The main goal of collecting metrics is to store them for long term usage and to create graphs to debug problems or identify trends. However, monitoring your system isn’t enough to identity the problem’s & anomalies root cause. It’s necessary to have a high-level overview of your network backbone. Weathermap is perfect for a Network Operations Center (NOC). In this post, I will show you how to build one using Open Source tools only.
Icinga 2 will collect metrics about your backbone, write checks results metrics and performance data to InfluxDB (supported since Icinga 2.5). Visualize these metrics in Grafana in map form.
To get started, add your desired host configuration inside the hosts.conf file:
Note: the city & country attributes will be used to create the weathermap.
To enable the InfluxDBWriter on your Icinga 2 installation, type the following command:
icinga2 feature enable influxdb
Configure your InfluxDB host and database in /etc/icinga2/features-enabled/influxdb.conf (Learn more about the InfluxDB configuration)
Icinga 2 will forward all your metrics to a icinga2_metrics database. The included host and service templates define a storage, the measurement represents a table by which metrics are grouped with tags certain measurements of certain hosts or services are defined (notice the city & country tags usage).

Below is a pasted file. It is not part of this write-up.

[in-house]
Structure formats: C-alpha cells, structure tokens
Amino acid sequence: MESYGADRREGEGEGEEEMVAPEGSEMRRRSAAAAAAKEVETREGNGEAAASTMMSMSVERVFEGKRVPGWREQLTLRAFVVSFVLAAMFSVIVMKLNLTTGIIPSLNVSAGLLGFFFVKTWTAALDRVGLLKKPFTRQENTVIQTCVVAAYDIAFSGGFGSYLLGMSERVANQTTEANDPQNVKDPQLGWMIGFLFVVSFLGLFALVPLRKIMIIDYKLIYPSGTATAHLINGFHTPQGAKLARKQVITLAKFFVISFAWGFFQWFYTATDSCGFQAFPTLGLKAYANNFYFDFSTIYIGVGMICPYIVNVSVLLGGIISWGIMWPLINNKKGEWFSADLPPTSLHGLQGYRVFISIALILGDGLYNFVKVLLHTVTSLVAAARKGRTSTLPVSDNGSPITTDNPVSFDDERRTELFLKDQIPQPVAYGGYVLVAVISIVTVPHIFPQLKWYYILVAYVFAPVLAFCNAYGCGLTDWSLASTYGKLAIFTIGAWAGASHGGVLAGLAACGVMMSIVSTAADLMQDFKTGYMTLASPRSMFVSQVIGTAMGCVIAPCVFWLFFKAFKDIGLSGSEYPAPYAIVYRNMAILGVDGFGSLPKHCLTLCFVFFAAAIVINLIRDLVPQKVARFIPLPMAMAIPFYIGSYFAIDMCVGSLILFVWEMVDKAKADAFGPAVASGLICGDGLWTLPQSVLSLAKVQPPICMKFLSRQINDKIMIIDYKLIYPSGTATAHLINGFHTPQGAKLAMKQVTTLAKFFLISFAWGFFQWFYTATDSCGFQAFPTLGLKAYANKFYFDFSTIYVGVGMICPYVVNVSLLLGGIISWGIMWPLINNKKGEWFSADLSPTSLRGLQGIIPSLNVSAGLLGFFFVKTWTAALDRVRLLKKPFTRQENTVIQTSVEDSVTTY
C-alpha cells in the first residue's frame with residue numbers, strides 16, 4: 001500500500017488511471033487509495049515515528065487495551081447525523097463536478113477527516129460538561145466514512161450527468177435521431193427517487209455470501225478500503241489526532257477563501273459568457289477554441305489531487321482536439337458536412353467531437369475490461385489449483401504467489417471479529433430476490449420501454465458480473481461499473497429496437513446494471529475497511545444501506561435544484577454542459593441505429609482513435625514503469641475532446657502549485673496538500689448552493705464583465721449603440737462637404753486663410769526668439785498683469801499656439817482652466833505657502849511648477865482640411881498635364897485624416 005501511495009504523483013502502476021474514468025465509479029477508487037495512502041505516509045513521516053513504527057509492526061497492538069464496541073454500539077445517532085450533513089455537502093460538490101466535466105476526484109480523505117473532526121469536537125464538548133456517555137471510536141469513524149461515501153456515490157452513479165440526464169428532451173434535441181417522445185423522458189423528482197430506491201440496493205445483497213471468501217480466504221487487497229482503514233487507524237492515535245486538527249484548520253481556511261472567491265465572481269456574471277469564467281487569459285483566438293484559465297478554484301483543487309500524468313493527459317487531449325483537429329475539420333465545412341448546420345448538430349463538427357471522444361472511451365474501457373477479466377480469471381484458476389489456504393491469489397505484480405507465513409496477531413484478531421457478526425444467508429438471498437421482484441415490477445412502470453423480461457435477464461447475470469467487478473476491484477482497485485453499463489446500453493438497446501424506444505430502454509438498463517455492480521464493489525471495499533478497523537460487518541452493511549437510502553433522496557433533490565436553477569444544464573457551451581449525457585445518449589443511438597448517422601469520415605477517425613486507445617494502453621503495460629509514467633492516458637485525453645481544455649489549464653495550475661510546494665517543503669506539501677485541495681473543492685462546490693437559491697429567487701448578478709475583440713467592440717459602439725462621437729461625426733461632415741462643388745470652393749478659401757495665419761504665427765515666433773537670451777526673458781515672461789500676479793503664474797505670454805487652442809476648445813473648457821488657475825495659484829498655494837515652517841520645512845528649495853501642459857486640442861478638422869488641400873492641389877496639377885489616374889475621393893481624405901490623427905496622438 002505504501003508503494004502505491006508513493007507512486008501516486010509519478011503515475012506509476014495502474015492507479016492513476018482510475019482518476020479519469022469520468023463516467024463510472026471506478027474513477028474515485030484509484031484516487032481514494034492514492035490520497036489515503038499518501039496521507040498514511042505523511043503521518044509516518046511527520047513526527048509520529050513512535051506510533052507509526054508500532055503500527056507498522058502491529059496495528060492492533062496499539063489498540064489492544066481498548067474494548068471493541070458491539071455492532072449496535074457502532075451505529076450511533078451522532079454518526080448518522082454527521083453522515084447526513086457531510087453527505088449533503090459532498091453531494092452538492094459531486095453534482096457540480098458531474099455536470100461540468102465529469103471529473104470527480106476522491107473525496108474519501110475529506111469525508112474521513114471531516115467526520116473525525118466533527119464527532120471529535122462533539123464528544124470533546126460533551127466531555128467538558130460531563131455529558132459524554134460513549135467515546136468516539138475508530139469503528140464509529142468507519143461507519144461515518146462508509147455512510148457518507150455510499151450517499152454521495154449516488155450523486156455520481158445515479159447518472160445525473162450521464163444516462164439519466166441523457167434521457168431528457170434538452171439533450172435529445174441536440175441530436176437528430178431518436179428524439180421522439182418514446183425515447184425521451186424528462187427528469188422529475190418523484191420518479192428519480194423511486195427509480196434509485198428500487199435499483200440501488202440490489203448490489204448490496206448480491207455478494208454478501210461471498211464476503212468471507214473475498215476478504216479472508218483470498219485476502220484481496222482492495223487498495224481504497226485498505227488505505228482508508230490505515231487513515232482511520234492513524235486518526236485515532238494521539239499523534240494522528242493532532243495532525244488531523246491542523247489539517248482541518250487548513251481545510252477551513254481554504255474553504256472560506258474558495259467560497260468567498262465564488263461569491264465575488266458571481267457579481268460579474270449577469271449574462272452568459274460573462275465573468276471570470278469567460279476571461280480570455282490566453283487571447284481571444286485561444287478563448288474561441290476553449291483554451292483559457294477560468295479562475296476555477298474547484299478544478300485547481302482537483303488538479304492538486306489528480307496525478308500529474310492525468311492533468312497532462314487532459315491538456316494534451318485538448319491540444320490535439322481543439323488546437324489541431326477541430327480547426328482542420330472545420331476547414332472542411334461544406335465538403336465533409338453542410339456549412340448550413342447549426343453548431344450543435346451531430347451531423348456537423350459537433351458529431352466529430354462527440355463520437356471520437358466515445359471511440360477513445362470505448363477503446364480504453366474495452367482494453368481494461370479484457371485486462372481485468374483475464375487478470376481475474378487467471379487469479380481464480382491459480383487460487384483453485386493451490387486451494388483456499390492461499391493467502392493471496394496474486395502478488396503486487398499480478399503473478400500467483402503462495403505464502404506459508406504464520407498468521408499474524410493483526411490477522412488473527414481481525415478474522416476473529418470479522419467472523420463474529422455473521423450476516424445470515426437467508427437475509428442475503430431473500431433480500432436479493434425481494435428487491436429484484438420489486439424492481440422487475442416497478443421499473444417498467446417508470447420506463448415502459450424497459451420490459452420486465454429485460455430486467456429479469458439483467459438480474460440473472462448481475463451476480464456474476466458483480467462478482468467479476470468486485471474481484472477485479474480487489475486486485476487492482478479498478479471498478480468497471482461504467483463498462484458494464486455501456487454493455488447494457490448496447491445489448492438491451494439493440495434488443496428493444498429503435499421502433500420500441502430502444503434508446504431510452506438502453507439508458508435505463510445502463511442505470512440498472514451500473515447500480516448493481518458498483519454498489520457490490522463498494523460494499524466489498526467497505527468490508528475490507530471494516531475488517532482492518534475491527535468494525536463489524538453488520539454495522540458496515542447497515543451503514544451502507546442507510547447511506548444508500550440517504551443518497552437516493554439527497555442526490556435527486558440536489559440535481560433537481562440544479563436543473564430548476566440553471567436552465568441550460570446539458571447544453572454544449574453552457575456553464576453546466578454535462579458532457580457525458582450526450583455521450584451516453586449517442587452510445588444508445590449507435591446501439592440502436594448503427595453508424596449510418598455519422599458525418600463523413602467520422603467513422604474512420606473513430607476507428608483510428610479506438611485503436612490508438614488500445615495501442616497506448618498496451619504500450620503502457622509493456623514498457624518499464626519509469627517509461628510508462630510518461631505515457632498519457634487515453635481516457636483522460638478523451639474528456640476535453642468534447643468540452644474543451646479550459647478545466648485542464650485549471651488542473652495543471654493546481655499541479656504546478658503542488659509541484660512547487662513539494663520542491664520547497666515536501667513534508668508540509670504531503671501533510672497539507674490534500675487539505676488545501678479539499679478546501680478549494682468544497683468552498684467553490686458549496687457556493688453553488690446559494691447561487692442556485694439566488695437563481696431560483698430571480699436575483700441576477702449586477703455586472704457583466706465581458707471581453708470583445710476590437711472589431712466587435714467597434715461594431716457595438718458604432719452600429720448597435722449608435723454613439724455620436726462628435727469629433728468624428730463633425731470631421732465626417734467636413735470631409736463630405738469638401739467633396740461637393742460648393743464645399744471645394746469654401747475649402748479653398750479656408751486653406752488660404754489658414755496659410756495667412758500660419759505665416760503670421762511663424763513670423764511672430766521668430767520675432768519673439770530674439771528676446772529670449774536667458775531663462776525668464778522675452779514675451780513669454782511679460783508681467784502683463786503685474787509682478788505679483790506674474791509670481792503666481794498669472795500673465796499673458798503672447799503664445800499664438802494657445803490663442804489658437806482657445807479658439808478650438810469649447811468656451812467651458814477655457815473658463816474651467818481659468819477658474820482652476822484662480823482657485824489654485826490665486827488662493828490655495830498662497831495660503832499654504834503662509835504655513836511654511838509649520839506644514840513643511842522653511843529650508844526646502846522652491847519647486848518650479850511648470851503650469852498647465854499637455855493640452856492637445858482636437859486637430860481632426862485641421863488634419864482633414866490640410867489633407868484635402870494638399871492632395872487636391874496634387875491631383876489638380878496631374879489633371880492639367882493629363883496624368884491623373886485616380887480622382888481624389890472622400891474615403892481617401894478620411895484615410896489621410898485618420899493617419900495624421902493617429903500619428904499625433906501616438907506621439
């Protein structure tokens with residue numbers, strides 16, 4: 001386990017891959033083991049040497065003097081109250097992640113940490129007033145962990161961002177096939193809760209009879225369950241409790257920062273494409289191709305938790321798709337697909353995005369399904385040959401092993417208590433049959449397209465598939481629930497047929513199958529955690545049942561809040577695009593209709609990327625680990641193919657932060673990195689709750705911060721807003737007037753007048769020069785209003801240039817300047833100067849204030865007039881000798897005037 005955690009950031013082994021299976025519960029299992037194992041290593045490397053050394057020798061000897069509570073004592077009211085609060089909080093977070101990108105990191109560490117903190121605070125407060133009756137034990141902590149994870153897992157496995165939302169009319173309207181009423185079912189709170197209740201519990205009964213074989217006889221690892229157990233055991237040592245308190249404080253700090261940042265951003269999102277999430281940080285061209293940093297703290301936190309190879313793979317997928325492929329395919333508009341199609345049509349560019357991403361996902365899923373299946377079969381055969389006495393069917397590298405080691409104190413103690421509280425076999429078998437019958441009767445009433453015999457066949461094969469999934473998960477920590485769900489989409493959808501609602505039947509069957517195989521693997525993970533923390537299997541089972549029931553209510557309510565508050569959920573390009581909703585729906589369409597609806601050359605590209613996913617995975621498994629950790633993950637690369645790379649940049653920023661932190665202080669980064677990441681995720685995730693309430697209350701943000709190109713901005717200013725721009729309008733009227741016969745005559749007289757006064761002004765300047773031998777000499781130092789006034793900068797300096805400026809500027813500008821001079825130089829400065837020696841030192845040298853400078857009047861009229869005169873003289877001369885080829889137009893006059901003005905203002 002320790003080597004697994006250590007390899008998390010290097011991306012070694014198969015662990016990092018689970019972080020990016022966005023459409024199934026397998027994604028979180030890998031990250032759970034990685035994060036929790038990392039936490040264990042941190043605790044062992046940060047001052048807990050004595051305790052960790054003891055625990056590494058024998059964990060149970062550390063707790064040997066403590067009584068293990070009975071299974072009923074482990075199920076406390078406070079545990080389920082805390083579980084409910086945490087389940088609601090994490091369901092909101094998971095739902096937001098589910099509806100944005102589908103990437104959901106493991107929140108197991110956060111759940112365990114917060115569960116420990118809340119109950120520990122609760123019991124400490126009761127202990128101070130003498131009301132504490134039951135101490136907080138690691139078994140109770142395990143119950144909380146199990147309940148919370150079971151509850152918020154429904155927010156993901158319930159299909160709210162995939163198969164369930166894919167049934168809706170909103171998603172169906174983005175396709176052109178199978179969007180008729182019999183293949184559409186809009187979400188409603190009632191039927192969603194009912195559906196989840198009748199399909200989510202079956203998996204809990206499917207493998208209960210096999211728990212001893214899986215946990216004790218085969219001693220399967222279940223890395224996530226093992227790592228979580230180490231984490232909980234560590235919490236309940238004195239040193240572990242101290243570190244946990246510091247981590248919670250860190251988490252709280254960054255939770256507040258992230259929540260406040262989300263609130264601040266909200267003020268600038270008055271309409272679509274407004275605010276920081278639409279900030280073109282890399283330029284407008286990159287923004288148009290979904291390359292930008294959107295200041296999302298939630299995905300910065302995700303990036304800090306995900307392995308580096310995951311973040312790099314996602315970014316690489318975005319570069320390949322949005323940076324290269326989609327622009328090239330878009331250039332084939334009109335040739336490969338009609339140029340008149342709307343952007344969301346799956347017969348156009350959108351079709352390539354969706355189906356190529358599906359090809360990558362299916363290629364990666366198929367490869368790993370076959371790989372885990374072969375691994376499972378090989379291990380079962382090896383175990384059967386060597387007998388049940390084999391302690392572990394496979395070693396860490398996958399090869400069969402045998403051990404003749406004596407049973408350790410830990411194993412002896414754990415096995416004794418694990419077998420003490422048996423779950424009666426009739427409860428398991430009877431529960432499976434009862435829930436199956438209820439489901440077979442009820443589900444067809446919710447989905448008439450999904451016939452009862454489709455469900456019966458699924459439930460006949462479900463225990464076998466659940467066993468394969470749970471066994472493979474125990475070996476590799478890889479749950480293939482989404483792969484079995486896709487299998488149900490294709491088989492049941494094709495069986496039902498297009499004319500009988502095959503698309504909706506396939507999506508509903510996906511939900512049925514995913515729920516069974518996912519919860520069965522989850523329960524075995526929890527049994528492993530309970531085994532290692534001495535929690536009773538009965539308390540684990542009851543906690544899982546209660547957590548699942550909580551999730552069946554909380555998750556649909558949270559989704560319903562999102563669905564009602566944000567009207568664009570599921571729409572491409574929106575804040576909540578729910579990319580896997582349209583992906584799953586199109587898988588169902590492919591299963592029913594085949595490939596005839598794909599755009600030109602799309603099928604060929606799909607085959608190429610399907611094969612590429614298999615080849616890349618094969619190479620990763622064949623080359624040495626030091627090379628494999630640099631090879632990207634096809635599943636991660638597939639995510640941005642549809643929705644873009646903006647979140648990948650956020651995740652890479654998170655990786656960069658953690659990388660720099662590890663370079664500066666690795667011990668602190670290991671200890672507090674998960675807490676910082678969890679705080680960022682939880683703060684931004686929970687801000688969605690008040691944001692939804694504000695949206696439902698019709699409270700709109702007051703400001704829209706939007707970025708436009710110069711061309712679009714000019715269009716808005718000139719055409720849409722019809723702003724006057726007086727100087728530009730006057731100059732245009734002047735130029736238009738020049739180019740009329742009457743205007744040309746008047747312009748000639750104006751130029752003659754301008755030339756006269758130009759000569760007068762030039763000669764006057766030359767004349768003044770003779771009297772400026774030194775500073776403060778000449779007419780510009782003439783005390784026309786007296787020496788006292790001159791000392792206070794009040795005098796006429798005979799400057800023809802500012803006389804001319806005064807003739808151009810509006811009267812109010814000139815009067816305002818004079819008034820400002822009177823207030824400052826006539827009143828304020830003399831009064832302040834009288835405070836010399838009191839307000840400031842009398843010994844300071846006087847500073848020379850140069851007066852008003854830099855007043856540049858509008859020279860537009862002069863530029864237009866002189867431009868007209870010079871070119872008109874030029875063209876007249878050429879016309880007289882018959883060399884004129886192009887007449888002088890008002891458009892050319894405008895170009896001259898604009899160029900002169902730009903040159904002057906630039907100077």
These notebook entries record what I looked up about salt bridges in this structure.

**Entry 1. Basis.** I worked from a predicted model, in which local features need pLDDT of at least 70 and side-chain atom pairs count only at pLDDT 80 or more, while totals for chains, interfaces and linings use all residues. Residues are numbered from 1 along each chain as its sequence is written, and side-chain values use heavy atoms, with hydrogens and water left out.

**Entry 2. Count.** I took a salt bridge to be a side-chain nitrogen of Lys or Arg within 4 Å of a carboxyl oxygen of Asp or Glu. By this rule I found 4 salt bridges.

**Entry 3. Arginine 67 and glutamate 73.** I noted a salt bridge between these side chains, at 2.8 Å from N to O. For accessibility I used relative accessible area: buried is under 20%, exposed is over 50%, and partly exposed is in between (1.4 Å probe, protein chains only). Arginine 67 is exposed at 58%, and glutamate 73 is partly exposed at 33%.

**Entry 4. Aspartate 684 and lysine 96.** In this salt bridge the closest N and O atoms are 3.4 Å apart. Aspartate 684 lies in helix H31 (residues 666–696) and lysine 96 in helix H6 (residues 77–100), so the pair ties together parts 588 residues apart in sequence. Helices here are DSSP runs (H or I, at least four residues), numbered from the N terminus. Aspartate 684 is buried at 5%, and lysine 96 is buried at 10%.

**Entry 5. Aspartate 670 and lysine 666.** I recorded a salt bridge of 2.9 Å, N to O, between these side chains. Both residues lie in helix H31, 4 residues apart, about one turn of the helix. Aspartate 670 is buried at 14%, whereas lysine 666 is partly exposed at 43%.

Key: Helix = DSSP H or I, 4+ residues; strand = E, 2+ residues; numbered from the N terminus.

Don’t forget to restart Icinga 2 after saving your changes:
service icinga2 restart
Once Icinga 2 is up and running it’ll start collecting data and writing them to InfluxDB:
Once our data arrived, it’s time for visualization. Grafana is widely used to generate graphs and dashboards. To create a Weathermap we can use a Grafana plugin called Worldmap Panel. Make sure to install it using grafana-cli tool:
grafana-cli plugins install grafana-worldmap-panel
The plugin will be installed into your grafana plugins directory (/var/lib/grafana/plugins):
Restart Grafana, navigate to Grafana web interface and create a new datasource:
Create a new Dashboard:
The Group By clause should be the country code and an alias is needed too. The alias should be in the form $tag_field_name. See the image below for an example of a query:
Under the Worldmap tab, choose the countries option:
Finally, you should see a tile map of the world with circles representing the state of each host.
The field state possible values (0 — OK, 1 — Warning, 2 — Critical, 3 — Unknown/Unreachable)
Note: For lazy people I created a ready to use Dashboard you can import from GitHub.
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